IAAF Bans Russian Track & Field Athletes From Rio Games

From USA Today

Russia’s track and field athletes will not be able to compete in the Rio Olympics, the International Association of Athletics Federations announced Friday, but individual athletes do have a way forward to compete as a neutral athlete.

In a historic decision, the IAAF voted unanimously to extend a ban of the All Russian Athletics Federation (RusAF) that has kept its athletes out of international competition since a World Anti-Doping Agency independent commission report released in November concluded Russia was running a state-sponsored doping program in athletics.

Noting significant progress toward satisfying verification criteria being monitored by an IAAF task force, Rune Andersen, chair of that group, said several other criteria have not been satisfied.

“In particular, the deep-seated culture of tolerance, or worse, for doping, that got RusAF suspended in the first place appears not to have been changed materially, to date,” he said in a news conference announcing the IAAF decision.

“The head coach of the Russian athletic team and many of the athletes on that team appear unwilling to acknowledge the nature and extent of the doping problem in Russian athletics, and certain athletes and coaches appear willing to ignore the doping rules. A strong and effective anti-doping infrastructure capable of detecting and deterring doping has still not been created.”

The IAAF council accepted the following recommendations from its task force monitoring the verification process:

►That Russia’s track and field federation not be reinstated
► That the council pass a rule amendment allowing individual athletes who can “clearly and convincingly” show they have been subject to effective anti-doping systems and have not been tainted by the Russian system be able to apply to compete in international competitions as a neutral athlete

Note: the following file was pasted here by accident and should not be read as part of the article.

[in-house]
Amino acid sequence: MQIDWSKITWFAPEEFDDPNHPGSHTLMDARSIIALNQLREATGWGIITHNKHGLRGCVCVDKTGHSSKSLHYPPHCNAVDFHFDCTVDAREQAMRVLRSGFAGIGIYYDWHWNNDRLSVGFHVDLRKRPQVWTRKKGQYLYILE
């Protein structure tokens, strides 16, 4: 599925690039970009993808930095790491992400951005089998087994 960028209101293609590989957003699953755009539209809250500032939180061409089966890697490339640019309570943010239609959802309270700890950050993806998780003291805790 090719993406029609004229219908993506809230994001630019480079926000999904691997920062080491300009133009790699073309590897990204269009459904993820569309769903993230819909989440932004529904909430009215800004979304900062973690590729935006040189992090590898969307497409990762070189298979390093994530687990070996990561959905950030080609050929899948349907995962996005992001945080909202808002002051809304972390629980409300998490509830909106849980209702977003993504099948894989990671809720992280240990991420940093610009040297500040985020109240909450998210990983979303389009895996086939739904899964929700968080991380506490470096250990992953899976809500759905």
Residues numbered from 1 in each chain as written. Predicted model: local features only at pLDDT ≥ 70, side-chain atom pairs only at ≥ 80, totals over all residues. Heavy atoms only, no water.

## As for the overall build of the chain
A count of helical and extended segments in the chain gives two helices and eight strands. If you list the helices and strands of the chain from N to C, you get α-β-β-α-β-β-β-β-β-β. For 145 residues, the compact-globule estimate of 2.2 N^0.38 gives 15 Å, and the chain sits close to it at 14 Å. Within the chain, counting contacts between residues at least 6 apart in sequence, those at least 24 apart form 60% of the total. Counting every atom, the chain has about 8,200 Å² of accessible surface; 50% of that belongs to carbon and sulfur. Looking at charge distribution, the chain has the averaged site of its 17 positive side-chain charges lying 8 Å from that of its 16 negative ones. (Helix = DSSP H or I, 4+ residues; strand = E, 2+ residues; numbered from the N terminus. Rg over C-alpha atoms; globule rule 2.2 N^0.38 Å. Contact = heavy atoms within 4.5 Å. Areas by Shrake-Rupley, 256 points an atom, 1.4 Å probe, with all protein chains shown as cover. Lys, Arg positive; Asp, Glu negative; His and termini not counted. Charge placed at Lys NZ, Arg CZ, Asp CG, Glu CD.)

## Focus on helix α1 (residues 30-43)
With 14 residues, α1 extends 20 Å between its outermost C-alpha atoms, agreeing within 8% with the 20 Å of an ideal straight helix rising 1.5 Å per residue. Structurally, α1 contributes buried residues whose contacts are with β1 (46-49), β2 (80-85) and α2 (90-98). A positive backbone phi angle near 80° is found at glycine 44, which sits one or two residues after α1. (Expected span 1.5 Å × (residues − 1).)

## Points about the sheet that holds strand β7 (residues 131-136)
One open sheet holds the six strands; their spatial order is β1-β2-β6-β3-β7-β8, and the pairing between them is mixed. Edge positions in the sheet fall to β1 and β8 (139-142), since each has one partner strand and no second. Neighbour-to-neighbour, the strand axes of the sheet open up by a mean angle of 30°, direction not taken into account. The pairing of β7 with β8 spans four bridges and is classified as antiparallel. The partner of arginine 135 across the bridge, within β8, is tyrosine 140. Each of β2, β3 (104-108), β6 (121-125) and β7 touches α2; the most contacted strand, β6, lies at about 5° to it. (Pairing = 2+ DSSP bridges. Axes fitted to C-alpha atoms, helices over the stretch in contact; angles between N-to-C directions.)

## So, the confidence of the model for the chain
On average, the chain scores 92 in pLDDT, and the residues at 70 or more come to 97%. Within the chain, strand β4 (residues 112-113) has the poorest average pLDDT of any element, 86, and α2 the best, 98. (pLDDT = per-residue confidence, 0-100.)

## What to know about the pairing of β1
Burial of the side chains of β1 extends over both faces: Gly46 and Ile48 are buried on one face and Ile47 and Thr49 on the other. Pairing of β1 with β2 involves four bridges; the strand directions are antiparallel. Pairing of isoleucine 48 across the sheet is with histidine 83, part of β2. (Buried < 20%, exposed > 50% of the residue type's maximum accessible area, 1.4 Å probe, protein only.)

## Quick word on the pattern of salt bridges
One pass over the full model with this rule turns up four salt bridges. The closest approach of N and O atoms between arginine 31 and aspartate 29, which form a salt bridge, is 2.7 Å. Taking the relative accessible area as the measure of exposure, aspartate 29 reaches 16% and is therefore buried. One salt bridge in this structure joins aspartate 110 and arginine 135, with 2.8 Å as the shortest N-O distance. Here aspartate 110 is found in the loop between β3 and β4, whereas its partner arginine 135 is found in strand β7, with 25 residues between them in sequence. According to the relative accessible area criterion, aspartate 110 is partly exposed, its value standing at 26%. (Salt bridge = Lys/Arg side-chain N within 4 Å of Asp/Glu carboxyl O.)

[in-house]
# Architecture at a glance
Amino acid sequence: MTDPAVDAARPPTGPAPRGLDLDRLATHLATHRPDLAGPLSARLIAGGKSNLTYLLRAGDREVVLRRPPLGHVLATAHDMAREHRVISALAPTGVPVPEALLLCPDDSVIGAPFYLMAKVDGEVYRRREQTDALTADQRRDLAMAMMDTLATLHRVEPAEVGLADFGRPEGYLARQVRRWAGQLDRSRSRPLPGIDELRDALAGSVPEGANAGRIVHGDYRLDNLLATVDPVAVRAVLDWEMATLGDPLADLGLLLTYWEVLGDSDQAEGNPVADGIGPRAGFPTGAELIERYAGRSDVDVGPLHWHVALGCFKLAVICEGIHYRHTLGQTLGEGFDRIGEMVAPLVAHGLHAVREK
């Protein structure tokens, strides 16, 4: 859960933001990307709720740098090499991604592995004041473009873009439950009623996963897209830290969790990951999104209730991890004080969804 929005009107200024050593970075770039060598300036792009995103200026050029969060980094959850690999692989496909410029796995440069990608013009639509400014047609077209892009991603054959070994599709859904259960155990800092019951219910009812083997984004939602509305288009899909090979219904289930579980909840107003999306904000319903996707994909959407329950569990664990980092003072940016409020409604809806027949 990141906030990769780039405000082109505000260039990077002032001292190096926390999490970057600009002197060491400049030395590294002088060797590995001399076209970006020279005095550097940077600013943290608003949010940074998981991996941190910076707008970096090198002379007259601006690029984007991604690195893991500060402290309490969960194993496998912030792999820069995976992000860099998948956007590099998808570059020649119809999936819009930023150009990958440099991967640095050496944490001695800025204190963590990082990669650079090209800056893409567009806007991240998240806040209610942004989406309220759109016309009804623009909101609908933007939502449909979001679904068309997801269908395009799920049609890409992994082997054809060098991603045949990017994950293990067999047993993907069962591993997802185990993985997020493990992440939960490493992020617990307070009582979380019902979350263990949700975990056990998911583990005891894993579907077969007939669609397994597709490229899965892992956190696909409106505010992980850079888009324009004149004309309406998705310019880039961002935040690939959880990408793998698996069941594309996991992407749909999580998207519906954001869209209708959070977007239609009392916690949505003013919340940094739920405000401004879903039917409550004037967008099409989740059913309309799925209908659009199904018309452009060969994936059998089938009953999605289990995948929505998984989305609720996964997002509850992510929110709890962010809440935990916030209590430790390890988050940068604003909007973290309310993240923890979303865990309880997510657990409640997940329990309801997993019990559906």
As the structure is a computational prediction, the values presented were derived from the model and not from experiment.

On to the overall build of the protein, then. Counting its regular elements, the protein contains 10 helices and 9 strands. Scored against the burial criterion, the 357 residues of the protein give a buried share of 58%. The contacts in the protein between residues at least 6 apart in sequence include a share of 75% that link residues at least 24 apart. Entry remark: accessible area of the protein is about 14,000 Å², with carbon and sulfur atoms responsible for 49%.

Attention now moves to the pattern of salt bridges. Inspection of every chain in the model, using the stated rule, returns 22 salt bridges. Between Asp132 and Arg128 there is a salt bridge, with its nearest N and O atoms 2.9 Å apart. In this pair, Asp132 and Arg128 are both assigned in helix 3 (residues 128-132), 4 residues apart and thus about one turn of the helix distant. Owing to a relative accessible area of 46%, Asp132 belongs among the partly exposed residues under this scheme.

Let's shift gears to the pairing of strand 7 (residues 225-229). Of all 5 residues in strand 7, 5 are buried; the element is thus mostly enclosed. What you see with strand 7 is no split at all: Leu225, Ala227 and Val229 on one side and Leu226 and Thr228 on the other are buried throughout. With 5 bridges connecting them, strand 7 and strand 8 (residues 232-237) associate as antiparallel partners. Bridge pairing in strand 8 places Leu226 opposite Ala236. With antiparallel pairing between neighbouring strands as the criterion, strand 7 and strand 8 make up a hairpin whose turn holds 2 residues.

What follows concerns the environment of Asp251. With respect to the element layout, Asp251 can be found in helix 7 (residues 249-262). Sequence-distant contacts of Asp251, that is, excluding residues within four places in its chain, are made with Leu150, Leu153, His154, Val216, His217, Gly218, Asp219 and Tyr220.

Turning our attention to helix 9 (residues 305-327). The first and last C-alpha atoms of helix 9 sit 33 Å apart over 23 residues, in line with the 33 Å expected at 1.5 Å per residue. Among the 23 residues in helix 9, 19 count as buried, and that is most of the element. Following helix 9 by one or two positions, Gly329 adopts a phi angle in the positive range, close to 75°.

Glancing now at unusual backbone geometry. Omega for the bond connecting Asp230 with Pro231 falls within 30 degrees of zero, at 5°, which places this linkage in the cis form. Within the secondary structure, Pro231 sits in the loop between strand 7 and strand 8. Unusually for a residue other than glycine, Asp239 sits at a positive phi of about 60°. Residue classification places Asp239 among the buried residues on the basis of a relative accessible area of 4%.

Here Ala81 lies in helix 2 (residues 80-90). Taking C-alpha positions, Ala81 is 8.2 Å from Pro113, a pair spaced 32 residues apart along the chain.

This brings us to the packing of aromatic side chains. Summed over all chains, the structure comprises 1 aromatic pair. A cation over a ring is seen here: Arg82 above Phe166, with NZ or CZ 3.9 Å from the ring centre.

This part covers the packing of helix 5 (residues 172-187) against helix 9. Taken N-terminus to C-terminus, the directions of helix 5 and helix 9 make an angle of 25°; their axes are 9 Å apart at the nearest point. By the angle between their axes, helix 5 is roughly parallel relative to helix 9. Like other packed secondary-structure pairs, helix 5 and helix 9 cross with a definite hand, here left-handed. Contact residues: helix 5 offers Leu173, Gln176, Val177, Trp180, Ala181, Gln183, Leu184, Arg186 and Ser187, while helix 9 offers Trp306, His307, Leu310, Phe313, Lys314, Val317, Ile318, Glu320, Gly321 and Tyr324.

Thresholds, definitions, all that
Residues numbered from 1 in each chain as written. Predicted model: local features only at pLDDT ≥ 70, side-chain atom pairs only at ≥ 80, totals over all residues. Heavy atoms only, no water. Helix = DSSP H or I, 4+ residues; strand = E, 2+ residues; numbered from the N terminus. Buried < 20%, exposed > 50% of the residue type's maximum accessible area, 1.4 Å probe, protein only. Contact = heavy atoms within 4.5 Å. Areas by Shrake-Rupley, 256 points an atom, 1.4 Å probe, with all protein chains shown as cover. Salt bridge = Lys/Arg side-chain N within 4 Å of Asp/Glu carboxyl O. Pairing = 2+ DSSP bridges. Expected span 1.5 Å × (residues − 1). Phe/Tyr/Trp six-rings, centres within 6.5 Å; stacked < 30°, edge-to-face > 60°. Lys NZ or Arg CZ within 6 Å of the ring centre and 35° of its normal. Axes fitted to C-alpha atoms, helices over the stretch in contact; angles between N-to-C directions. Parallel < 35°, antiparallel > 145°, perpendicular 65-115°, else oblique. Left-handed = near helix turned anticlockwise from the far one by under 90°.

► That athletes who have made “an extraordinary contribution to the fight against doping” be able to apply for that exception, particularly that the case of whistleblower Yuliya Stepanova be viewed favorably

► That no RusAF officials, athletes or support personnel take part in international competition or IAAF affairs
In the news conference, Andersen said efforts to test athletes in Russia have “encountered serious obstacles.” Additionally, RusAF is unable to enforce all doping bans and the Russian Anti-Doping Agency is 18-24 months away from compliance with the WADA code.

“The statement that we’ve made today is a very clear indication that over the long haul, our responsibility is to protect clean athletes, and this is what this says,” IAAF President Sebastien Coe said. “In a system that has so badly failed the athletes in Russia, it is extremely difficult to define or have any presumption that athletes are in a safe and secure enough system for us to conclude that they are eligible for international competition.”

Already, the decision is set to face challenges. Pole vaulter Yelena Isinbayeva, a two-time Olympic gold medalist, told Russian news agency TASS that she would file a discrimination case in the court for human rights.

In a statement, the Russian Ministry of Sport appealed to the International Olympic Committee, which is holding a summit Tuesday to discuss “the difficult decision between collective responsibility and individual justice.”

Andersen made clear that the exception for athletes would be narrow and was advised by legal counsel to head off legal challenges that could come to the Court of Arbitration for Sport.

“The crack in the door, or the opening to apply for this is quite narrow,” Andersen said, “so there won’t be many athletes that will manage to get through the crack of that door because it’s clearly, they have to demonstrate that they have been subject to a credible anti-doping control system and that they are not tainted by the system in Russia.”





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